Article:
Watkins also points out that California has been losing domestic migrants for 10 of the past 15 years. It's been worse in this region; over the past decade the Los Angeles-Orange County area suffered the third-highest rate in the country of net outmigration, slightly above New York's. Amazingly, on a per capita basis, people are leaving our sun-drenched metropolis more rapidly than from Rust Belt disaster areas such as Cleveland and Detroit.
In recent decades, this shortfall has been more than made up by foreign immigration. But in a stunning reversal of the trends in past decades, the number of foreign-born in our region has started to stagnate. Indeed, over the most-recent decade, the Southland has experienced the slowest rate of growth in its foreign-born population of any major region in the country. Los Angeles-Orange County gained 110,000 immigrants over the decade, one-sixth as many as New York City and only a quarter as many as Houston. Our immigrant population has grown less than that of much smaller regions such as Minneapolis-St. Paul, Austin, Texas, Atlanta and Dallas-Fort Worth.
These patterns suggest a dangerous shift in our demographic DNA and a decline in our historic archetype as one of the world's most culturally and economically innovative regions. Throughout history, the movement of newcomers has accented the rise of great cities at their peak, from ancient Athens, Rome and Baghdad to early 20th century London, Berlin, New York and Chicago. Similarly, the ascendency of the great cities of modern Asia – from Tokyo to Shanghai to Hong Kong and Singapore – resulted from mass migration, usually from the countryside to the urban centers.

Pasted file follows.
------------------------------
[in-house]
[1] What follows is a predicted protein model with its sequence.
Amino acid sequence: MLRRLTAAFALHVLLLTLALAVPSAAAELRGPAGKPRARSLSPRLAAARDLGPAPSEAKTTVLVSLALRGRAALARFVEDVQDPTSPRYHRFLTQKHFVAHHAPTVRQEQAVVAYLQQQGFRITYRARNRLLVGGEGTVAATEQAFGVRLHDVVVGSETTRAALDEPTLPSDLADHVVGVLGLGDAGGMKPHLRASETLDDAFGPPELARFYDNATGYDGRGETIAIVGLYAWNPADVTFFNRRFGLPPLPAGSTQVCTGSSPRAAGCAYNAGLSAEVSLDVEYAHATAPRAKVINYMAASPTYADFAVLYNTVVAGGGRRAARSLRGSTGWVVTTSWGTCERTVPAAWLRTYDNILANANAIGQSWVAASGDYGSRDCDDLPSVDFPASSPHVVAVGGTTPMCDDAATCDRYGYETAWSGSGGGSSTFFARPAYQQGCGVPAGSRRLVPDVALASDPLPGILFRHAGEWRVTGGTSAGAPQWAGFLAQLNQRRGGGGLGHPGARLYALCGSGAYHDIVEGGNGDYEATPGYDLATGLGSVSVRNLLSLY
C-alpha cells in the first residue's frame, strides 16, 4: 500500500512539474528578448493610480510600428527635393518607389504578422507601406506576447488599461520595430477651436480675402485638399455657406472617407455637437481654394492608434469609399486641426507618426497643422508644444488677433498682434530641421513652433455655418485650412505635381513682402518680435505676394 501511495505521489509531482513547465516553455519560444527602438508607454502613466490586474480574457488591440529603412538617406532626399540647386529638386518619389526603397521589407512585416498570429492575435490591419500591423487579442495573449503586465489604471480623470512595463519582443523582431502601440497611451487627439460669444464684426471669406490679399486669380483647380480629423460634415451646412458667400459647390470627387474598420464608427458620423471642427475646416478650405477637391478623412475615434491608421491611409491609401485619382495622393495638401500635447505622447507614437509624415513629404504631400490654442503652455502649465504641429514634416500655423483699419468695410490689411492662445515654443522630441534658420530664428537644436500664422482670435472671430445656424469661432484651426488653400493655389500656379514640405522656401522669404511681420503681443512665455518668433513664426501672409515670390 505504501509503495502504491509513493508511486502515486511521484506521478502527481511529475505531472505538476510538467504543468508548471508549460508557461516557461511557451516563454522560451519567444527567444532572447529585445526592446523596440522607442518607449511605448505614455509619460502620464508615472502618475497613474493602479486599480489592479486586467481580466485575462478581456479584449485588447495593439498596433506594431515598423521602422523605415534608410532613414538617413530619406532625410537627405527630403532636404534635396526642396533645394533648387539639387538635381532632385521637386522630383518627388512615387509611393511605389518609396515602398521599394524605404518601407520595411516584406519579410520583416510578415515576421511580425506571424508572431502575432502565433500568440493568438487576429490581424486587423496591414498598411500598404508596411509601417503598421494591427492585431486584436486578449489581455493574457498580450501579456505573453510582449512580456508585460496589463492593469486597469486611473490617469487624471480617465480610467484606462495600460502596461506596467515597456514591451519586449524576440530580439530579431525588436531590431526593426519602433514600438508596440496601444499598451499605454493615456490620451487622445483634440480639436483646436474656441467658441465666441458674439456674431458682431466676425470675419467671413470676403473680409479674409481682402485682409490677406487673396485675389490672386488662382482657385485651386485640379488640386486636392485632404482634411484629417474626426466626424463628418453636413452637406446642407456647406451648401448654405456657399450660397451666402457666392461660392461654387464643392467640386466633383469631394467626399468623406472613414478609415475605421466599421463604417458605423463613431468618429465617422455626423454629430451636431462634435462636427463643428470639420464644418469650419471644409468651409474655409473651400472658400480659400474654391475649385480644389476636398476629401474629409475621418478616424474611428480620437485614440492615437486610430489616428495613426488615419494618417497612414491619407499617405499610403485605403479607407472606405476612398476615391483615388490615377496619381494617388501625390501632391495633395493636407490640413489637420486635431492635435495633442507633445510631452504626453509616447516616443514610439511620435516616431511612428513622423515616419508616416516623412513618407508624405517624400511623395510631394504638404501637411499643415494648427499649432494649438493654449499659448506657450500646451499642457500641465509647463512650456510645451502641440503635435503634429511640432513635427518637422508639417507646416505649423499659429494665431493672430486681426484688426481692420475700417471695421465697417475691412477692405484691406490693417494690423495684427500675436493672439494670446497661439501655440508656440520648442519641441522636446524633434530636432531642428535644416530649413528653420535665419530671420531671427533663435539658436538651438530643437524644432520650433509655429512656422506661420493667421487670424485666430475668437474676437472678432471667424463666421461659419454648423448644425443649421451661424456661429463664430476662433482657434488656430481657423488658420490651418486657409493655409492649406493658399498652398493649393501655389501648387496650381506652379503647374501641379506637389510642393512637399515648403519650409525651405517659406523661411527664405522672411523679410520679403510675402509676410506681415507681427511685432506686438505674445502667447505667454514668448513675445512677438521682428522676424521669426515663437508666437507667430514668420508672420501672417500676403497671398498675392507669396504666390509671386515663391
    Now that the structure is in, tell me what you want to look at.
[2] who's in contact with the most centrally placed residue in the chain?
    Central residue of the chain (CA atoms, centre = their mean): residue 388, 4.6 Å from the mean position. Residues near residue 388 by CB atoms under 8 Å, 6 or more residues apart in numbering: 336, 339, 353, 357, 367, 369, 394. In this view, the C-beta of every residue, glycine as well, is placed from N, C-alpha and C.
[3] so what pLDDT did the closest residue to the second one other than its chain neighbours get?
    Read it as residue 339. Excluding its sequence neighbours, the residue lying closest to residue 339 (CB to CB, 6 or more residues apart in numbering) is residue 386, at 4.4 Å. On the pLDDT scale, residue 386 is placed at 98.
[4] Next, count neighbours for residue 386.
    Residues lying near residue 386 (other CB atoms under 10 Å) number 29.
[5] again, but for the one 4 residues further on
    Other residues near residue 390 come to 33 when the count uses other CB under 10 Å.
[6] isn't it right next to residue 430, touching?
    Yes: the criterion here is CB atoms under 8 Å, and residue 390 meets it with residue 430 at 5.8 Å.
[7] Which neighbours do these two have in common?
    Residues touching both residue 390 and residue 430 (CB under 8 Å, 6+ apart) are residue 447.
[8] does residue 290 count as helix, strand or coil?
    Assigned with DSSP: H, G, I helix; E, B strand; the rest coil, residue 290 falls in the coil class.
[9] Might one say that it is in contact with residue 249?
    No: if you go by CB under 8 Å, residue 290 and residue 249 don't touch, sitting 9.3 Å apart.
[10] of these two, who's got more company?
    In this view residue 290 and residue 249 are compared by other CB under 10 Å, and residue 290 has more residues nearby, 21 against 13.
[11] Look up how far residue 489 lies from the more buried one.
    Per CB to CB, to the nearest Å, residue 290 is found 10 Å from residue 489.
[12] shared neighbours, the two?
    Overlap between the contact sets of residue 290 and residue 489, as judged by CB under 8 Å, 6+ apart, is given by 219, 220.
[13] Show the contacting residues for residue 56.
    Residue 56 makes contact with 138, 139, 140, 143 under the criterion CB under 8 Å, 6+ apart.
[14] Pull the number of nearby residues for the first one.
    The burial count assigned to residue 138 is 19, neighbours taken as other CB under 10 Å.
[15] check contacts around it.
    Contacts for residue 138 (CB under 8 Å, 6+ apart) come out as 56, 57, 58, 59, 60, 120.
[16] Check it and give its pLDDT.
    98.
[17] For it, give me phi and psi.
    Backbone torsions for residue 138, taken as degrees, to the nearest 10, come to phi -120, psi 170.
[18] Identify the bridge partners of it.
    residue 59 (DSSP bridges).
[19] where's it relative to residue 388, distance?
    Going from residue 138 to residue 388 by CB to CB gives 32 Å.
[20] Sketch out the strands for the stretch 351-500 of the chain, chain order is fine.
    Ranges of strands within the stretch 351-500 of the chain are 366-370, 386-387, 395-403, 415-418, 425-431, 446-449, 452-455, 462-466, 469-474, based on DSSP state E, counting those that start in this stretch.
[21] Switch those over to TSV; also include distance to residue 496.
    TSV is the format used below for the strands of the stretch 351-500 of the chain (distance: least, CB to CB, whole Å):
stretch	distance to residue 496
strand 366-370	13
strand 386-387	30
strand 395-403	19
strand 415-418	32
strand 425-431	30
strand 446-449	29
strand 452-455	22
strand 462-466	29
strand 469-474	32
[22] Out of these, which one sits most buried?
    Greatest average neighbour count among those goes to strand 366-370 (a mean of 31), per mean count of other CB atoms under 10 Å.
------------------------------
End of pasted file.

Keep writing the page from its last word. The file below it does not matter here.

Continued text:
Southern California's evolution into one of the world's premier urban regions has been, for the most part, propelled by outsiders, people who came to this place in search of a better life. Starting in the 1880s, these tended to be other Americans, including Los Angeles Times publisher Harrison Gray Otis (Marietta, Ohio), and railway magnate Henry Huntington (Oneonta, N.Y.), and, later, Walt Disney (Kansas City, Mo.), Howard Ahmanson Sr. (Omaha, Neb.) and Dr. Jerry Buss (Kemmerer, Wyo.).